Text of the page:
What are the signs to look out for to recognise an addict?
Physical changes like a dull vacant look, puffy or droopy eyes, unexplainable loss of weight, unsteady movements, slurred and unclear speech.
Behavioural changes like uncharacteristically withdrawn, secretive, inexplicable mood shifts, erratic eating and sleeping, lethargic and uninterested in once favourite activities, negligent about health and appearance, decline in academics, irrelevant talk, watery eyes.
Changes like frequently borrowing money/stealing, constant need for pocket money, lying often, being unreasonably defensive about activities/possessions and privacy, unexplained temper outbursts, sudden excessive use of perfumes, mouthwash or other scents (to hide smells), associations with a totally different set of friends, difficulty in concentrating, frequent visits to doctors/medical shops for medical issues and prescriptions.
How do you treat an addict?
There is no general cure to treat any addiction. Each case is different, depending on the type of addiction, the intensity and for how long the addiction has been there. As in all diseases, timely treatment is essential. In some cases, sudden abstinence can even be disastrous. Medical and psychological intervention is always advised. Will power alone is not sufficient; it is more beneficial to seek assistance from family, friends and a trained counsellor.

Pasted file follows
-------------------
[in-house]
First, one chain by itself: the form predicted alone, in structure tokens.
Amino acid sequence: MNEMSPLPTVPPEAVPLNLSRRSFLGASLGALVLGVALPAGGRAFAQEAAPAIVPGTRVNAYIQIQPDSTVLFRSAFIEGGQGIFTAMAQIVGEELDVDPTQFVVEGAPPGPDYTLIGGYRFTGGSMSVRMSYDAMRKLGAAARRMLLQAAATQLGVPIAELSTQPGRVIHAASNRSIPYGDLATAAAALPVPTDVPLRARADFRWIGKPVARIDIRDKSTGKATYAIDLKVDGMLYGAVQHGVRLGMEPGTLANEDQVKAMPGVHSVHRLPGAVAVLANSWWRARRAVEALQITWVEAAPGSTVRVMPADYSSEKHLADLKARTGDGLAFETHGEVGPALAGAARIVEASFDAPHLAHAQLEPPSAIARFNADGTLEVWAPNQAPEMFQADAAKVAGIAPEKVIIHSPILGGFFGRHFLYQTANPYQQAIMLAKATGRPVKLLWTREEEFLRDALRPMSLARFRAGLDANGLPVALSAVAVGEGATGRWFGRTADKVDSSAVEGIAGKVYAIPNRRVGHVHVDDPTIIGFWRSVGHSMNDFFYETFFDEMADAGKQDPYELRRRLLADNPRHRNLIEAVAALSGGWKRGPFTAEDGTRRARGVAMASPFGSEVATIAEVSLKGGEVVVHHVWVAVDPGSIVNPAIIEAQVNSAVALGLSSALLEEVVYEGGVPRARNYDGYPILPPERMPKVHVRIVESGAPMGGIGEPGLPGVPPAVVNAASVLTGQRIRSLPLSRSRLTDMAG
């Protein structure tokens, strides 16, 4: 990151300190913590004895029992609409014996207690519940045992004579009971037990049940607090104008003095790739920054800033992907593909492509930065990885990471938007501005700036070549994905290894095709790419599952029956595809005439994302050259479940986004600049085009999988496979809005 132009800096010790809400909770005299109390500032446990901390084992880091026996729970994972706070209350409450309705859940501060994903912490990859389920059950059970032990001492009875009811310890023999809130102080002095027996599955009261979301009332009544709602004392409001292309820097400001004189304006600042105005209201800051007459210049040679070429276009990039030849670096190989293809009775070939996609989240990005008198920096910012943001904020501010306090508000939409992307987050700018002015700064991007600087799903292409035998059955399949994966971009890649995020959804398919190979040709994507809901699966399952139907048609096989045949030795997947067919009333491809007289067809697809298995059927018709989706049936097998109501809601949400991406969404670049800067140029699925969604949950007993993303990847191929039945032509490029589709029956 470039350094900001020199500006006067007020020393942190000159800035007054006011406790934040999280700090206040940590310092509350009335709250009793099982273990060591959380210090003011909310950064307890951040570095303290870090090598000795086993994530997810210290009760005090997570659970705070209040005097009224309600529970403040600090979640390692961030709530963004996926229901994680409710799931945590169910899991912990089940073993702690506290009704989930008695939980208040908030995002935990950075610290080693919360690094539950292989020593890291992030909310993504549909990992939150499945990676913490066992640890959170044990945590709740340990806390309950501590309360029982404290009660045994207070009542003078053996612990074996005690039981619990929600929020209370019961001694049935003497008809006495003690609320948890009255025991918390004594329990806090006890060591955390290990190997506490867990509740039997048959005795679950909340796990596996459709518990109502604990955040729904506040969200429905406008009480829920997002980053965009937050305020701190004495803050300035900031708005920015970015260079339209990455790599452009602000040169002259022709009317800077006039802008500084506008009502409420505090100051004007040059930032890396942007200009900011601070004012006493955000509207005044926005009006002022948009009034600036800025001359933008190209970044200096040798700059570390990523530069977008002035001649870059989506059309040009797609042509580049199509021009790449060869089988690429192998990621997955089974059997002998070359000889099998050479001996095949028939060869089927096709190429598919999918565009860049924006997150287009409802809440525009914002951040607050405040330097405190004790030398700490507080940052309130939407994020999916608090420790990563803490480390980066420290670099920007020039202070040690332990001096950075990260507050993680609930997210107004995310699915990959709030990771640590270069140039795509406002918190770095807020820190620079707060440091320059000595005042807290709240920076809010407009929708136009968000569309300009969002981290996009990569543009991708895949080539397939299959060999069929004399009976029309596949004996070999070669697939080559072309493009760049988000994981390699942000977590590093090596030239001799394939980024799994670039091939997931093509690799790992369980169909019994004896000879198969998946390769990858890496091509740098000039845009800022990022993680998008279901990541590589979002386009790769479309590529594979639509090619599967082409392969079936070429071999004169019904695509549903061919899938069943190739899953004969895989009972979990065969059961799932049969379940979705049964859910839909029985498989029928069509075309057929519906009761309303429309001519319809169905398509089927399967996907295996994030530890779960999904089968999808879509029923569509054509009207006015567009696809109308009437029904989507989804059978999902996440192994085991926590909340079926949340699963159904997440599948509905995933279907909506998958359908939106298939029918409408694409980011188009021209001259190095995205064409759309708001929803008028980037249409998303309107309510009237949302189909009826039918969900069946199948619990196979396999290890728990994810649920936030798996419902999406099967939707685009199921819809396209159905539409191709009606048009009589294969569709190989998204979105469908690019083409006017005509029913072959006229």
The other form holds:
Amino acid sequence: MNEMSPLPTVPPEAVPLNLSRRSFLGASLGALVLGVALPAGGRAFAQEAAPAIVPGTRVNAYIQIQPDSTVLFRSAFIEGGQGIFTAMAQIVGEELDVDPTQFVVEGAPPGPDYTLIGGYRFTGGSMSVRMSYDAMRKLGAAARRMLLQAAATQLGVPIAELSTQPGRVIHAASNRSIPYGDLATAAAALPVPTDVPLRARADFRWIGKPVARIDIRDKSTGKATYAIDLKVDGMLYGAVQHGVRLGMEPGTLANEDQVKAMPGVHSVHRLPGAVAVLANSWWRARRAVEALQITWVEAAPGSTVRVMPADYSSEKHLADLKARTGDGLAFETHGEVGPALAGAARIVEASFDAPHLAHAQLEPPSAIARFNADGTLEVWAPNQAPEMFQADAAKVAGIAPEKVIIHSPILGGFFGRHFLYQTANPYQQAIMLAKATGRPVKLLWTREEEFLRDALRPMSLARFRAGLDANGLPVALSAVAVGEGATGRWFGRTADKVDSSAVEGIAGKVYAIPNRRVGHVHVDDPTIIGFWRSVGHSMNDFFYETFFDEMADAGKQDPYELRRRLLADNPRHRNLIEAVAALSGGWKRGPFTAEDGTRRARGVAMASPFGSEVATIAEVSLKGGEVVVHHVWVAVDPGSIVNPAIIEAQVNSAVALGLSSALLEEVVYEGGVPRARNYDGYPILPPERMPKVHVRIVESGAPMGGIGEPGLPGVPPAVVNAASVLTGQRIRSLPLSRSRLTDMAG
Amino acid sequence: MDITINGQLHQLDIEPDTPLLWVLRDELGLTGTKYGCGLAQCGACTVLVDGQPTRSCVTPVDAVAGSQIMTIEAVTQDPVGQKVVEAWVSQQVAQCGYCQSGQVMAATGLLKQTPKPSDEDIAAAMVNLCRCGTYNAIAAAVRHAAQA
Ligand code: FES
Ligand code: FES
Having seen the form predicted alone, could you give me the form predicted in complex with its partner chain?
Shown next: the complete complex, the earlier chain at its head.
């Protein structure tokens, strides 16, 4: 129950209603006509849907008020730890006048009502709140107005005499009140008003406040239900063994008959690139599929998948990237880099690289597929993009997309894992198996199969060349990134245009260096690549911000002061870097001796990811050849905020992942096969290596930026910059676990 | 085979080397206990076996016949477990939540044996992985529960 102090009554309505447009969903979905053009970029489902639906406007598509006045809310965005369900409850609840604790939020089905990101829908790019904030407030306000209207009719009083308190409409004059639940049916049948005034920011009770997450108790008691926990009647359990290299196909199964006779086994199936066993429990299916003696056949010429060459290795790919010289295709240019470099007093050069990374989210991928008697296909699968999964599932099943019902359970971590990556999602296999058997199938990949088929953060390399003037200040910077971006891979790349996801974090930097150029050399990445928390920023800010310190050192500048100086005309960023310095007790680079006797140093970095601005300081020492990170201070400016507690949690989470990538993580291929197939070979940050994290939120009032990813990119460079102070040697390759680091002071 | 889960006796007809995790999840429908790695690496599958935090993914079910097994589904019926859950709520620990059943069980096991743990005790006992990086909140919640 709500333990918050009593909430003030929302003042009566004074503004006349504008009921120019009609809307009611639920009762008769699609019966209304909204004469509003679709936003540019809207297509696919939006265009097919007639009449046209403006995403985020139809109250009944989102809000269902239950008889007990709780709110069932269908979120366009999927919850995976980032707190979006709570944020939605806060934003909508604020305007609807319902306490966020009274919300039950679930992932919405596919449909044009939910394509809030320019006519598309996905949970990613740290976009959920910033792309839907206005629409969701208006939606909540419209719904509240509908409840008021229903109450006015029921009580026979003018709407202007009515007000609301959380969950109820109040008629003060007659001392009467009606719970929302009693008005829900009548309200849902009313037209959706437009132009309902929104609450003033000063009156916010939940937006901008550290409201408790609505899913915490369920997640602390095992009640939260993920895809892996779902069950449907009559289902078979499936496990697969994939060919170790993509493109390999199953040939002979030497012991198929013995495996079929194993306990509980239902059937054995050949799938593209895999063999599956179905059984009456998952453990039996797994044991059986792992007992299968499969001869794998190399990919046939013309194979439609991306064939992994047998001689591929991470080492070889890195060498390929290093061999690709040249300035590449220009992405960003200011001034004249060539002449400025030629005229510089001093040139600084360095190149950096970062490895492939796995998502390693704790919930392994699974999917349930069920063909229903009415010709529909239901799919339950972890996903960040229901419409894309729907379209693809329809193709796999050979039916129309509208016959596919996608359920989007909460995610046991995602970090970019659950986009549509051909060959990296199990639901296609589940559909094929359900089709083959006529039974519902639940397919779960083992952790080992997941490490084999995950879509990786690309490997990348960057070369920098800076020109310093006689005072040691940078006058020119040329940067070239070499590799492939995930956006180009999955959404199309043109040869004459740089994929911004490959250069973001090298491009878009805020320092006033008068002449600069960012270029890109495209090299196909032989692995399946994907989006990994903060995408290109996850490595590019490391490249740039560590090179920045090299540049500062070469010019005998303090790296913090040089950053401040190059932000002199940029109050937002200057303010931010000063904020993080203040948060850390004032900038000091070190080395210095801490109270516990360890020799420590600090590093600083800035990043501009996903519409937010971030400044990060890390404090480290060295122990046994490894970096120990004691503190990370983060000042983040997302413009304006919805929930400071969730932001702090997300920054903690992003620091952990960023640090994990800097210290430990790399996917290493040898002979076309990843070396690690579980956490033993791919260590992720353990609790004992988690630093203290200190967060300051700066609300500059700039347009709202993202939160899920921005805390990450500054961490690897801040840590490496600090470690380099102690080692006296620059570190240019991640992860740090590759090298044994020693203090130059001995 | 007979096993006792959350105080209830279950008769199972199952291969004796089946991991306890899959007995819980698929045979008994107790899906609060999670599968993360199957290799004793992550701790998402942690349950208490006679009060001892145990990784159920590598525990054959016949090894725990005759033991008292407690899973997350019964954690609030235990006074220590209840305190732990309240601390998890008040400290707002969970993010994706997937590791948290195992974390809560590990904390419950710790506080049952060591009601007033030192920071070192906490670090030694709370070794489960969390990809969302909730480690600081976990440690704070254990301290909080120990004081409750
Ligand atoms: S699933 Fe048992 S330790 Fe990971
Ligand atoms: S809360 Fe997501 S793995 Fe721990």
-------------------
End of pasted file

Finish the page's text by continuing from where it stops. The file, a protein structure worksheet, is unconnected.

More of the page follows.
In my personal experience and opinion, the best approach is to treat ‘addiction’ as a multifaceted disease which affects not only the individual, but family as well. More often than not, it is not only the individual who needs their acceptance and support to get back to normalcy and start life afresh; the family too needs to be nursed for the heartbreak, and psychological trauma they faced.
Recovering from a drug or alcohol addiction doesn’t end with just a treatment program. It’s a lifelong process that involves not only abstinence but also lifestyle changes.
If you know a family member or friend who needs help, contact Green Valley Foundation at 0891-5530800, 6530800, 9247251126 or write to them at [email protected]